Historian Dominic Sandbrook explores the 1970s. He reveals a Britain brimming with aspiration as ordinary people first felt the thrill of freedom and money.
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MUSIC: "Automatically Sunshine" by The Supremes
# Ooh, baby Let's take life's highway
# It's automatically yours and my way
# No road is too rough to travel
# We'll walk barefoot
# On life's gravel
# Together whatever we express now
# Automatically means success now
# Whatever mystery life's about
# There's no doubt we'll work it out
# I'm yours and you're mine
# It's automatically sunshine
# Baby. #
Maybe you were falling in love with music, or just falling in love.
Perhaps you were sitting exams and getting serious,
or out mucking around with your pals in the playground.
Perhaps, like me, you were just being born.
Or maybe you weren't even born at all.
Whatever you got up to in the 1970s,
it's passed from rose-tinted memories
into our shared national history.
In many ways, '70s Britain
feels like a very strange and distant place.
But it's time to look again
at the years of Ted Heath, Marc Bolan and Mary Whitehouse,
Because this was the decade
in which 21st-century Britain, our Britain, was born.
We often think that the 1960s gave us freedom
and the 1980s gave us money.
But, for most people, it was in the 1970s
that those two thrills really arrived.
These were years of tremendous change,
shattering the cosy post-war consensus.
And, for millions of ordinary families, a brave new world,
at once exciting and terrifying, was at hand.
The British people were impatient for more.
More freedom, more opportunities, and more money.
And, in the first years of the 1970s, they went out to get it.
A nation basking in the sunshine of affluence and security,
happy and self-confident after 25 years of the post-war boom.
For most ordinary families,
life in 1970 was quite simply better than it had ever been.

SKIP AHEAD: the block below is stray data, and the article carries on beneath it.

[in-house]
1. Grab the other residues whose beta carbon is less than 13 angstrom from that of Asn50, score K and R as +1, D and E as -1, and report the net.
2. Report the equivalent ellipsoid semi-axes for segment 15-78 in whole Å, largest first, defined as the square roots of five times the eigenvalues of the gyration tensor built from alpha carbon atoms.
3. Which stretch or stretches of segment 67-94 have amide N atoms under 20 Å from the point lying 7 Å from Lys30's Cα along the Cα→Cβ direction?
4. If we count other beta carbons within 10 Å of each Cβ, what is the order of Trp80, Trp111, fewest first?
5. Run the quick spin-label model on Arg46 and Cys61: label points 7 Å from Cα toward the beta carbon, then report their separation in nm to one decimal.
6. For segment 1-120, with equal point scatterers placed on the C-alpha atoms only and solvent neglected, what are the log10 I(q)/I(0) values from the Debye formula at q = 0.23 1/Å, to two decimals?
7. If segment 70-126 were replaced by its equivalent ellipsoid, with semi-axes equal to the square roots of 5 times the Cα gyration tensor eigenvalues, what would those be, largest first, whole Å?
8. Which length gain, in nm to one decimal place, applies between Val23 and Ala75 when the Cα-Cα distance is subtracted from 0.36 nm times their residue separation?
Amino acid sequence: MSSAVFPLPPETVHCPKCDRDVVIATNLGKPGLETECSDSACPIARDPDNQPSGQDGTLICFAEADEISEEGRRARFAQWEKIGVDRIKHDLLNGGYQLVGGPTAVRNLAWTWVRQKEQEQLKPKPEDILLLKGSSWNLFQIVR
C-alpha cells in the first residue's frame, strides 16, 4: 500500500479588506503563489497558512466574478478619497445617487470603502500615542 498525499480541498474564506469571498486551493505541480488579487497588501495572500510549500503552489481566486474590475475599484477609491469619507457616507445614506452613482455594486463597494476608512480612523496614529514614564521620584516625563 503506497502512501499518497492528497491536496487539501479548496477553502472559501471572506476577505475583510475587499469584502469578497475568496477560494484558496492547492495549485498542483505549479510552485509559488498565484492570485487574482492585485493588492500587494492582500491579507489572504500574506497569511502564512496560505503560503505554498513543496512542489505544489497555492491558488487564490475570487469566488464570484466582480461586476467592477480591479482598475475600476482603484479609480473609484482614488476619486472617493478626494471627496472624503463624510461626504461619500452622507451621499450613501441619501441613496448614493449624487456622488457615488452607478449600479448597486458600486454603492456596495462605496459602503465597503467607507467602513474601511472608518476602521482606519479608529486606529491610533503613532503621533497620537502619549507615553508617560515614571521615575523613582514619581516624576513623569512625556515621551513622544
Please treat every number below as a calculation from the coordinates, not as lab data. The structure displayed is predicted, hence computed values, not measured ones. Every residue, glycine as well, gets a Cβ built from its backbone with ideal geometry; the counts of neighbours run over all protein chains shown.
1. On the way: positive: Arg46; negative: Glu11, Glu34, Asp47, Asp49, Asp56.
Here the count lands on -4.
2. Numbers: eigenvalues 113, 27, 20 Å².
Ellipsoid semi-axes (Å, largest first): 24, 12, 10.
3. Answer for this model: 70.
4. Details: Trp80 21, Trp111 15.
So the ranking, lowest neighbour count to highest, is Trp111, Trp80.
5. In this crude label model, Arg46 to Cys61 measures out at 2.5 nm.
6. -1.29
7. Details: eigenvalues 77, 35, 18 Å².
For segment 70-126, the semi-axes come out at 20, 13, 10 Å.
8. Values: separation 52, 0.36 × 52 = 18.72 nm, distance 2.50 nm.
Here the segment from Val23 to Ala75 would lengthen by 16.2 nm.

This was a blessed generation.
We had work, we had welfare,
and we had wealth -
on a scale people have never known before.
But now, people were looking for something more.
Something solid, something permanent,
something that would confirm that they had arrived.
By the dawn of the 1970s, the affluent society
had become a fact of life.
Even an ordinary family now had expectations
that their forebears could barely have imagined.
And at the heart of all their ambitions,
was something we now take for granted - a home of their own.
-It's our house.
-I know, pet, our house.
Oh, Bob, I can't wait to move in.
In the '50s and '60s, many people had still grown up
in overcrowded terraces and damp, sodden flats.
Many still had shared bathrooms, or had no indoor bathrooms at all.
But now, they were ready to escape the shadow of the past,
to leave behind the soot and smoke and squalor
and to strike out for pastures new.
These were the Wimpey years,
when brand-new estates of neat, little houses
blossomed on the suburban fringes of the nation's cities.
And this is the little bedroom.
You can either use that for the nursery,
or you can throw your mother-in-law in that one.
And nothing better captured the spirit of change
than Britain's new towns.
Enough homes, opportunities, and facilities befitting
a civilised way of life for an extra 100,000 people are to be built here.
One of the biggest developments
was the expansion of the old city of Peterborough,
transformed by a government scheme
to rehouse the people of London's slums.
For the same rent they were paying in Lambeth,
some £5 a week, inner-city tenants
could move into a brand-new house in Peterborough.
And what was more,
they were encouraged to think about buying their houses outright.
For years, people had been told
that an Englishman's home was his castle.
But for millions of people,
it was only in the 1970s that that dream became a reality.
As early as 1972, more than half of Peterborough's residents
already owned their own houses.
In this little corner of eastern England,
a new world was taking shape.
New towns had decent motorway links, good schools,
even the first indoor shopping centres.
Yes, they weren't terribly grand or picturesque,
but they succeeded because they fulfilled the ambitions
of hundreds of thousands of ordinary British families.
A steady job, a safe neighbourhood, a neat suburban home,
a back garden, even central heating.
And for people who had grown up
in damp and dilapidated inner cities,
places like Peterborough were the future.
# I'll light the fire...
For young couples, born after the Second World War,
and now in their 20s and 30s, here was the chance